Mark Phillips No Comments

Barclays makes major lending push with £2.3bn deal for Kensington Mortgage Company

In a major push to broaden its lending offering, banking giant Barclays said this morning it has agreed a deal worth around £2.3bn to buy specialist lender Kensington Mortgage Company.

Barclays said the acquisition will allow it to offer more mortgage options to the self-employed and people who have multiple or variable incomes.

Get in touch with UK Contractor Mortgages today to discuss your Buy to Let & Residential Mortgage requirements.

The bank will also take ownership of a portfolio of mortgages offered by Kensington Mortgage Company, worth £1.2bn, in efforts to lend to a greater variety of customers.

The deal comes after the pandemic has led to an increase in the number of self-employed borrowers and those with complex incomes due to the impact of the Government’s furlough scheme and the wider effect on job volatility.

Get in touch with us today to speak with the UK’s Best Contractor Mortgage Broker.

The Maidenhead-based specialist lender has around 600 staff and offers buy-to-let residential mortgage options as well as owner-occupied lending.

The transaction is expected to complete towards the end of 2022 or early 2023.

Get in touch with us today to speak with a specialist Contractor Mortgage Advisor.

Matt Hammerstein, chief executive of Barclays, said: “The transaction reinforces our commitment to the UK residential mortgage market and presents an exciting opportunity to broaden our product range and capabilities.

“KMC is a best-in-class specialist mortgage lender with an established track record in the UK market, strong broker and customer relationships and data analytics capabilities.

“KMC complements our existing UK mortgage business and broker relationships through the addition of a specialist prime mortgage originator and the utilisation of our strong UK funding base,” Hammerstein concluded.

By Michiel Willems

Source: City A.M.

Mark Phillips No Comments

Just Mortgages launches marketing service for brokers

Just Mortgages has launched a white-labelled digital marketing package for self-employed brokers.

The service is aimed at brokers who want to promote their own trading style and brand.

Carl Parker, national director of the self-employed division of Just Mortgages, described the offering as a full-service marketing solution, with the group aiming to match the level of service provided by a dedicated marketing agency.

Get in touch with UK Contractor Mortgages today to discuss your Buy to Let & Residential Mortgage requirements.

Self-employed brokers will have access to in-house marketing professionals, who are also experts on the subject of mortgages, and will be offered branding and logo development, content creation and social media support.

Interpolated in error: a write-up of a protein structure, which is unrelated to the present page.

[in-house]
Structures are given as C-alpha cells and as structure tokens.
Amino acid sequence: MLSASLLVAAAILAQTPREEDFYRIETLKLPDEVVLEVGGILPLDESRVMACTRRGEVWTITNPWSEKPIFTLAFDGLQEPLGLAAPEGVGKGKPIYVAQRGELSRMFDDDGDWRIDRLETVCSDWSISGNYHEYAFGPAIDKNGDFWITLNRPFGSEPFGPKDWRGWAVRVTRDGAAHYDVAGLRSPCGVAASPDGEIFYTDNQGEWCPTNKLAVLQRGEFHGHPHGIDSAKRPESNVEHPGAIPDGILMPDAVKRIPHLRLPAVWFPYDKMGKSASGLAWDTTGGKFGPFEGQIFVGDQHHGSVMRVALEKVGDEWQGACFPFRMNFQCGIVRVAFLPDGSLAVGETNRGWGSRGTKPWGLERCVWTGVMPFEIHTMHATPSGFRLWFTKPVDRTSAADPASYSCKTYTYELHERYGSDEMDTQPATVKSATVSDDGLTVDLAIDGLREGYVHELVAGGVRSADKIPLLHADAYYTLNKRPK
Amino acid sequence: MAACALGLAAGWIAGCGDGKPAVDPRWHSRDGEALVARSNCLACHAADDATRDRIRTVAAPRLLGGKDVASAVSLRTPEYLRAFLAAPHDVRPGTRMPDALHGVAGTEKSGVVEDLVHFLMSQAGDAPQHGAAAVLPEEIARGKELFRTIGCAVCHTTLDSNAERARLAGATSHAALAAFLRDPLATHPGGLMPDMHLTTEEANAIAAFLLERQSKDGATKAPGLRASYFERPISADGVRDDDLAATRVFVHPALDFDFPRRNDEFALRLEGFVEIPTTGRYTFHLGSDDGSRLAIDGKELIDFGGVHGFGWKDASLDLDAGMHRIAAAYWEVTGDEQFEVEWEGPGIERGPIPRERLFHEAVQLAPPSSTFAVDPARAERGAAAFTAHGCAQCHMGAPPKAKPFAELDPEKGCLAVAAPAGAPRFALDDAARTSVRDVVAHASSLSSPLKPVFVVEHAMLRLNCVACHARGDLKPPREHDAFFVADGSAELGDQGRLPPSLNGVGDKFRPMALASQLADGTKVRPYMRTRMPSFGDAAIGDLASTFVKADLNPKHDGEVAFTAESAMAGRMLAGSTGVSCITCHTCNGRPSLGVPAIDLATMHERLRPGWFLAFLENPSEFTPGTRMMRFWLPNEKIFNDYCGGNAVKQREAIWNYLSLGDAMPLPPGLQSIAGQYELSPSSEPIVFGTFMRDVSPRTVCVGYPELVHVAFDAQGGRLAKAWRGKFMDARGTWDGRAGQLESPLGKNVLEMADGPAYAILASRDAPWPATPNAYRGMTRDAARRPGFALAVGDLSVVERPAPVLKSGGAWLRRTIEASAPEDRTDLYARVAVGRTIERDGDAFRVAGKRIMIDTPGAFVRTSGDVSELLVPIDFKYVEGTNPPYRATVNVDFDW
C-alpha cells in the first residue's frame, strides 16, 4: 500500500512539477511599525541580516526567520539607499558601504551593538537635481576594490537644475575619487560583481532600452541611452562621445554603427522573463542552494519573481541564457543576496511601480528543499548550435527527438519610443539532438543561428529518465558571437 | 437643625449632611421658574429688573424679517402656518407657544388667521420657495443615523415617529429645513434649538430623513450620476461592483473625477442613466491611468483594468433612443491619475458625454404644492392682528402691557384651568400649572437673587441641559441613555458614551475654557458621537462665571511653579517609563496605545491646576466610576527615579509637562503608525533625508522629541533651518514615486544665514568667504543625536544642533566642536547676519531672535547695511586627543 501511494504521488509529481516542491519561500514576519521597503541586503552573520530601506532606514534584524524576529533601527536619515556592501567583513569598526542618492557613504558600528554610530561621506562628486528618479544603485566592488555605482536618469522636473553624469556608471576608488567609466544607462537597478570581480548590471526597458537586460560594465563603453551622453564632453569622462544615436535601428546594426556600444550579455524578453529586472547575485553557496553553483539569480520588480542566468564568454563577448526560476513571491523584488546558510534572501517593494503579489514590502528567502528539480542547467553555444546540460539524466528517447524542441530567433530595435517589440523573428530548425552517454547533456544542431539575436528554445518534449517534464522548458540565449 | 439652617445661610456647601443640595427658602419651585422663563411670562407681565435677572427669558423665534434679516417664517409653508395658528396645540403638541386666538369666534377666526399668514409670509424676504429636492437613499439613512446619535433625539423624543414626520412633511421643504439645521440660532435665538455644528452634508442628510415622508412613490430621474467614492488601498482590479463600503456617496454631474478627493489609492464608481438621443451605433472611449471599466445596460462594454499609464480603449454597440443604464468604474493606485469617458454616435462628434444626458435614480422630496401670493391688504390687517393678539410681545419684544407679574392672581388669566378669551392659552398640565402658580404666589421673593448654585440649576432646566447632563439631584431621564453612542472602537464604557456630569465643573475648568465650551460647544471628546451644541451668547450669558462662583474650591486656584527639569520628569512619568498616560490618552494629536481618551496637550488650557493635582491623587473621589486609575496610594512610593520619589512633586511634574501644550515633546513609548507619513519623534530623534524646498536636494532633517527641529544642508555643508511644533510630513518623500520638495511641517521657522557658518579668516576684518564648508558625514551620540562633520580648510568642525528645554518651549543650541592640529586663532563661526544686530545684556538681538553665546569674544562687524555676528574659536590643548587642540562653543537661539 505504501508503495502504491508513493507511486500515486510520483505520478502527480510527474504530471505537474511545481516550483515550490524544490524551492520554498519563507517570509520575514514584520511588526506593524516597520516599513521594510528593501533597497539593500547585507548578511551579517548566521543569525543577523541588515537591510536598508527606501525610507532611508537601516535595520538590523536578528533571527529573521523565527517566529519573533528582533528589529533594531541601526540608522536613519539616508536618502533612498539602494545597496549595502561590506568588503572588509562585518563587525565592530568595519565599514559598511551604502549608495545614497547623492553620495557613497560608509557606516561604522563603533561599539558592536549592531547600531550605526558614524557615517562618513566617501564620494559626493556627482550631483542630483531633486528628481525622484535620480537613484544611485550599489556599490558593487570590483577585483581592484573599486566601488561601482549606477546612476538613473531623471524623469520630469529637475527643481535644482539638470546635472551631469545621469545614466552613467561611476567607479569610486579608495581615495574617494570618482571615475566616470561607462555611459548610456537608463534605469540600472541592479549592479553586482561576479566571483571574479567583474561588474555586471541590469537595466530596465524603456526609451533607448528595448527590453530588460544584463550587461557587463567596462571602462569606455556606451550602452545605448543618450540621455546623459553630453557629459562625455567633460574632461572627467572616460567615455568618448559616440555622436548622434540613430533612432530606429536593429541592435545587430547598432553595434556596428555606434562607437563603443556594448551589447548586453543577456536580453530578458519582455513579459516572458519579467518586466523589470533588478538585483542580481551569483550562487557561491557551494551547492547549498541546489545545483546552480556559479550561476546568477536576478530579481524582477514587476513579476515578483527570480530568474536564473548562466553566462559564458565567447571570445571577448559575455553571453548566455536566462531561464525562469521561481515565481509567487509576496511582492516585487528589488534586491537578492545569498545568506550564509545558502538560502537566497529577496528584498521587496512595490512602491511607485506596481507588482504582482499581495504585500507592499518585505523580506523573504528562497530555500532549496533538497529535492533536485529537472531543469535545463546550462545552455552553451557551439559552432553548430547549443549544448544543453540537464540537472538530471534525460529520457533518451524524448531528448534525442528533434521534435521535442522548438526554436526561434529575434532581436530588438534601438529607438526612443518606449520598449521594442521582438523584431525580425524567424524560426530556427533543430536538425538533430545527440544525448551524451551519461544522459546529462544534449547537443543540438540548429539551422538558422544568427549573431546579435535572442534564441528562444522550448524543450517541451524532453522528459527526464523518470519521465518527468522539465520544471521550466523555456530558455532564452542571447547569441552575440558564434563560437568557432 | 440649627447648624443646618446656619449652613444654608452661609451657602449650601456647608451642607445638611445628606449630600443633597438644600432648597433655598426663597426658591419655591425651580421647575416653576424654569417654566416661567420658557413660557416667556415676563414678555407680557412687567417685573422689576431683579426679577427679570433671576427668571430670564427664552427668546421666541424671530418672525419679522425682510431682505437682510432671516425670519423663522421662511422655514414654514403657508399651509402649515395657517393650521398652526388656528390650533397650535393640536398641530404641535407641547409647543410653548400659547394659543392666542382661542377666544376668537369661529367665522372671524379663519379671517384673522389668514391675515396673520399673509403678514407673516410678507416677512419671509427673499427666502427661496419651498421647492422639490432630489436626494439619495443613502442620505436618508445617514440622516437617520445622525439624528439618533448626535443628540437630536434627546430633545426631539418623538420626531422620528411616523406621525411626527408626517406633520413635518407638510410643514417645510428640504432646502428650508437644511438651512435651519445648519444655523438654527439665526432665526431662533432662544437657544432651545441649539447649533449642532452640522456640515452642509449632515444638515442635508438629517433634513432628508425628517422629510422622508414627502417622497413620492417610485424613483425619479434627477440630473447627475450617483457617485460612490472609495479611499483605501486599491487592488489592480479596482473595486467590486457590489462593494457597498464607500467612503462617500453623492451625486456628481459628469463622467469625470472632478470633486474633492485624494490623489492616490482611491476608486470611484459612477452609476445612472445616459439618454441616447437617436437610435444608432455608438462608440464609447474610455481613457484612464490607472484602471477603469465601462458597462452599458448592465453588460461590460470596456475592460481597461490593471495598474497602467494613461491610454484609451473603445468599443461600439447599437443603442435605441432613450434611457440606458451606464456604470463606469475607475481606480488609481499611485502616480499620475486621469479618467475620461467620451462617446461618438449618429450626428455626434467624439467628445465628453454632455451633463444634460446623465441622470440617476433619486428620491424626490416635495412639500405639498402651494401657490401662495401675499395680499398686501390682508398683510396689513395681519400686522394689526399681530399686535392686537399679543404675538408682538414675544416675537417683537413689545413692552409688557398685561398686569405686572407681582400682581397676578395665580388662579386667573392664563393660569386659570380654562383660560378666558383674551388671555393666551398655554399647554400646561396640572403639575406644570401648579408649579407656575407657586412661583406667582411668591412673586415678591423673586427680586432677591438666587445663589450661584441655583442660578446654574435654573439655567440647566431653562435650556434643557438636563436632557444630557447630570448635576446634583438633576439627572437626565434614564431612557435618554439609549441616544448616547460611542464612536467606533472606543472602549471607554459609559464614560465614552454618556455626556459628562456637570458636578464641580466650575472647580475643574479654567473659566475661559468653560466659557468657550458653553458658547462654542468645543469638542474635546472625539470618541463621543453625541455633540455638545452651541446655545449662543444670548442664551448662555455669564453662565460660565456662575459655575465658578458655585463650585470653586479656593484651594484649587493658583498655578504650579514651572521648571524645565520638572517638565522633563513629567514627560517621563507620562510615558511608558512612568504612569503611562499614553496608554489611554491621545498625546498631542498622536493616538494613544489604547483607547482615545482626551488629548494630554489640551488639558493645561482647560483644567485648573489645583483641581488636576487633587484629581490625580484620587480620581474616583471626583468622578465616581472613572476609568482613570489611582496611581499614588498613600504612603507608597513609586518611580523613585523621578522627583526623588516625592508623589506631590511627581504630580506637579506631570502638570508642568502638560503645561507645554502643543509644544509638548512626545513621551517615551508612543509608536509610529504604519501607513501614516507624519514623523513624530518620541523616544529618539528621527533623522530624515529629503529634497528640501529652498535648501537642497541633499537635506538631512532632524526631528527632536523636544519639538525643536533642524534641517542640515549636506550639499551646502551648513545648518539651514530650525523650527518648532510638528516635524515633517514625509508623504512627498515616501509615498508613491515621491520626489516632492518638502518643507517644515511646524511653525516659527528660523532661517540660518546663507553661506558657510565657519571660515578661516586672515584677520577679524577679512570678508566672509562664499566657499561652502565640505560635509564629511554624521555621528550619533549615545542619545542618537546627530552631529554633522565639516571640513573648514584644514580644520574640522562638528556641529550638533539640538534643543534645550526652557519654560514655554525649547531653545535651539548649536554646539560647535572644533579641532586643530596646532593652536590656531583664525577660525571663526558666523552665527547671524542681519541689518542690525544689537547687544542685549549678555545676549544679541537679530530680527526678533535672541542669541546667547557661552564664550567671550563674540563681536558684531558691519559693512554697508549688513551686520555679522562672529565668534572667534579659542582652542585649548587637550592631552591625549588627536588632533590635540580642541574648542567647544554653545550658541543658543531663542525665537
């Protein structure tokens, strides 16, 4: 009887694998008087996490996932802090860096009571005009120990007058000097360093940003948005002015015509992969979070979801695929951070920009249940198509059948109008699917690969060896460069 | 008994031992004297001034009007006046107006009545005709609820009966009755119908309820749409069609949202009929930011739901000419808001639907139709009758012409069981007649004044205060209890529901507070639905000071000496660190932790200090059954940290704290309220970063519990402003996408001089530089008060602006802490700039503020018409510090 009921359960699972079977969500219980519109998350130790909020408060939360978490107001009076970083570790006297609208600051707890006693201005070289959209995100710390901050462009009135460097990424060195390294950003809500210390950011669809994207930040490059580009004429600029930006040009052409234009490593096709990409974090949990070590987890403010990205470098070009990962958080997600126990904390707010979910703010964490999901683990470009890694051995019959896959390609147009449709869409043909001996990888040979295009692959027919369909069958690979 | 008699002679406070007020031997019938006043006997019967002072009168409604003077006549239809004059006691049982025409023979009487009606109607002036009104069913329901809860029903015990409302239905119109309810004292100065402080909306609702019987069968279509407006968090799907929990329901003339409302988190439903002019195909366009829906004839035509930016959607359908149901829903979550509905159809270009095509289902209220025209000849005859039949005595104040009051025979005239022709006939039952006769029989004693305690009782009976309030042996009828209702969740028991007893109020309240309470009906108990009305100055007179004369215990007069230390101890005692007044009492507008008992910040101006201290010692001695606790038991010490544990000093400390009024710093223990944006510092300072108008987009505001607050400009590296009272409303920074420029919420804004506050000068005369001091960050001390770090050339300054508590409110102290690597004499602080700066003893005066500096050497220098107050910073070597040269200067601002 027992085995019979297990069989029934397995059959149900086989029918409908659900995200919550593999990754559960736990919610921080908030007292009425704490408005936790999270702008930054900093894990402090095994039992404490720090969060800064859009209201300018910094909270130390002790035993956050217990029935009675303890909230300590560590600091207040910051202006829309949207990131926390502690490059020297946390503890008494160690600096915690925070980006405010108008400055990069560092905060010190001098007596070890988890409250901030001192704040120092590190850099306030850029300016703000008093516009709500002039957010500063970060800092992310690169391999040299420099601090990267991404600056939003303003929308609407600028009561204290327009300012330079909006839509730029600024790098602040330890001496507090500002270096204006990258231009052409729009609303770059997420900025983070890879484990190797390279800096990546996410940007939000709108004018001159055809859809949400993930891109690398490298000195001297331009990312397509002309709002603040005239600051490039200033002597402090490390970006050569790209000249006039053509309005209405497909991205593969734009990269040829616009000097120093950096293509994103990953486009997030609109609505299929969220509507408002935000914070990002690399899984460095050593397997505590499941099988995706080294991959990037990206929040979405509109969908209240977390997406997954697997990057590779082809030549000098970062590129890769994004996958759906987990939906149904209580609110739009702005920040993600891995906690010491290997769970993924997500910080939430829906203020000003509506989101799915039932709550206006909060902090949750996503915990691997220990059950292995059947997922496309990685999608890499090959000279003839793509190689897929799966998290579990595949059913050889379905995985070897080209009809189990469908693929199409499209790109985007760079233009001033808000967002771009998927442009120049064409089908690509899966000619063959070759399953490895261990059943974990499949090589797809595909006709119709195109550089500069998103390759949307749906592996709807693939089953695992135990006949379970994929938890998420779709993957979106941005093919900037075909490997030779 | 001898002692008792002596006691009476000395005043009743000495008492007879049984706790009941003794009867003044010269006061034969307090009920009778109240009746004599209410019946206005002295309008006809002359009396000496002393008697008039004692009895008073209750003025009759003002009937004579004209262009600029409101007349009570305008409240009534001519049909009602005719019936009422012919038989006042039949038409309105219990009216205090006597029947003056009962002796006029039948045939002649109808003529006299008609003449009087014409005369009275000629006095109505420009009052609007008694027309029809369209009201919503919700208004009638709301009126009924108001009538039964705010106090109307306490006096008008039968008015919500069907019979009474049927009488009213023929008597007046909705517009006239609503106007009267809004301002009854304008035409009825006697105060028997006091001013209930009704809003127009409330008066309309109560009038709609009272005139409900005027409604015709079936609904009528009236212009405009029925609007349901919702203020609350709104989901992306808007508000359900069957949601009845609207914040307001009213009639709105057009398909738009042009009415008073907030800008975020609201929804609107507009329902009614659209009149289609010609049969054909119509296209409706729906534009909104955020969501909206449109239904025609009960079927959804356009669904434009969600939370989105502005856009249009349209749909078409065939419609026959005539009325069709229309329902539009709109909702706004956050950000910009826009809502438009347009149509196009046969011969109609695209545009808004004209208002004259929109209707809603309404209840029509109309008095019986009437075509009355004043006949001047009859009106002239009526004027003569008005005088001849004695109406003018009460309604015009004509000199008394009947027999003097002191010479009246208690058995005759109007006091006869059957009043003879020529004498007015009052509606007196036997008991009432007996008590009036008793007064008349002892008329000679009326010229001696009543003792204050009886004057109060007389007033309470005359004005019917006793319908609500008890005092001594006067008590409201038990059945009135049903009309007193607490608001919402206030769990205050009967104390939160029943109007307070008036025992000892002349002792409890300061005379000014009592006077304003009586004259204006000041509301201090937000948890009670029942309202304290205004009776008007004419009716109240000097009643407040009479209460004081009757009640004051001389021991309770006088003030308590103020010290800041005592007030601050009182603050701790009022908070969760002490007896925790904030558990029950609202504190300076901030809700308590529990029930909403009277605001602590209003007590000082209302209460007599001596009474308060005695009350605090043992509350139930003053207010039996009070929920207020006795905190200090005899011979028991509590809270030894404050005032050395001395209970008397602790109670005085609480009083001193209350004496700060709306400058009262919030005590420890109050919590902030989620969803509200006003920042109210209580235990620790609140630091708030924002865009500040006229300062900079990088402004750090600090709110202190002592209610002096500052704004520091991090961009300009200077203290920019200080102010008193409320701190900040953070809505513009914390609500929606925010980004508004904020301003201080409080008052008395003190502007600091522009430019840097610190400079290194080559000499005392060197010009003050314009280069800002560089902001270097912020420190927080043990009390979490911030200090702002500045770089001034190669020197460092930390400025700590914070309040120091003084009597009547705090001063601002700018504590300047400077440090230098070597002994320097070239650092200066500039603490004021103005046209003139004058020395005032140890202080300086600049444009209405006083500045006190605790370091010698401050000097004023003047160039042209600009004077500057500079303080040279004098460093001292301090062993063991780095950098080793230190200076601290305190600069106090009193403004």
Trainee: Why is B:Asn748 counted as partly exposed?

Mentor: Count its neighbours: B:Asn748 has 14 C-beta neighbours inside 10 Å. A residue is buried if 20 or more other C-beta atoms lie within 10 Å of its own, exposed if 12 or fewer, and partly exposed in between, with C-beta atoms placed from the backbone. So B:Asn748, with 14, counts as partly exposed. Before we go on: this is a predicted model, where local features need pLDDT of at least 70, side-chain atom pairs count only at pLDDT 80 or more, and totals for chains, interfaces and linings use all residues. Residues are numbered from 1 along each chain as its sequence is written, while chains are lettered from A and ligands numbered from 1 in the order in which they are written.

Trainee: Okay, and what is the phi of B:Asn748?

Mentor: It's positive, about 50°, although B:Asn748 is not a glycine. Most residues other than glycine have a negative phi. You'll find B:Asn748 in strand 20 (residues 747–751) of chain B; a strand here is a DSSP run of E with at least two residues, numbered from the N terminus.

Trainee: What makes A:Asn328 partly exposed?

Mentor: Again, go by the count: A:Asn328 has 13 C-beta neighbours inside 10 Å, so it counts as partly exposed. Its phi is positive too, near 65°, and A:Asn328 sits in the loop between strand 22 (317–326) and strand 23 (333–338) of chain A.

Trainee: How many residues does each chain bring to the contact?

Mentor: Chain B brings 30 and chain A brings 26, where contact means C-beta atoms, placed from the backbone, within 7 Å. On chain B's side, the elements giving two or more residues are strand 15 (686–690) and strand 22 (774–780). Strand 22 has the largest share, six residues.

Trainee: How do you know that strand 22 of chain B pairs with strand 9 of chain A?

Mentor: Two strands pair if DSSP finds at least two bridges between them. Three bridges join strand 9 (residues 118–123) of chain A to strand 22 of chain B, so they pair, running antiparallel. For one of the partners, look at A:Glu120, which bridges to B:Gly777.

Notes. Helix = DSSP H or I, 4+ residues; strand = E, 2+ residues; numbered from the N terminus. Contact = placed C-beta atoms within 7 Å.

An initial consultation between the broker and the marketing team is followed by a brand set up with logo and brand guidelines to establish the look and feel of the business, as well as website and social media content in line with financial promotion regulations.

Get in touch with us today to speak with the UK’s Best Contractor Mortgage Broker.

On-going support is then provided to the broker to help raise their business profile and attract new clients, according to Parker.

“Our aim is to provide the best possible showcase for the brokers’ business while they get on with the important job of helping clients with their mortgage and insurance needs,” he said.

Get in touch with us today to speak with a specialist Contractor Mortgage Advisor.

Figures from IBISworld show there are 5,580 mortgage broker businesses in the UK in 2022, an increase of 2.6 per cent from 2021.

Last week, Just Mortgages also announced a new training initiative for those wanting to become mortgage and protection advisers.

By Jane Matthews

Source: FT Adviser

Mark Phillips No Comments

High inflation boosted IT contractor jobs market in May 2022

High inflation appears to have boosted the less quickly growing IT contractor jobs market, as the slowdown in growth in temporary technology billings paused in May.

In Report on Jobs, the REC suggests that rising costs made employers scrutinising the bottom line turn to temps rather than add members of staff to the payroll on a full-time basis.

REC chief executive Neil Carberry gave this assessment in the report on Friday, potentially part explaining how demand for IT contractors shot up in May to 66.1 from 63.7 in April.

Get in touch with UK Contractor Mortgages today to discuss your Buy to Let & Residential Mortgage requirements.

‘Inflation-induced caution’
Mr Carberry said: “The market for temporary work is stabilising faster than for permanent staff, which could suggest a little caution creeping into employers’ thinking in the face of high inflation.”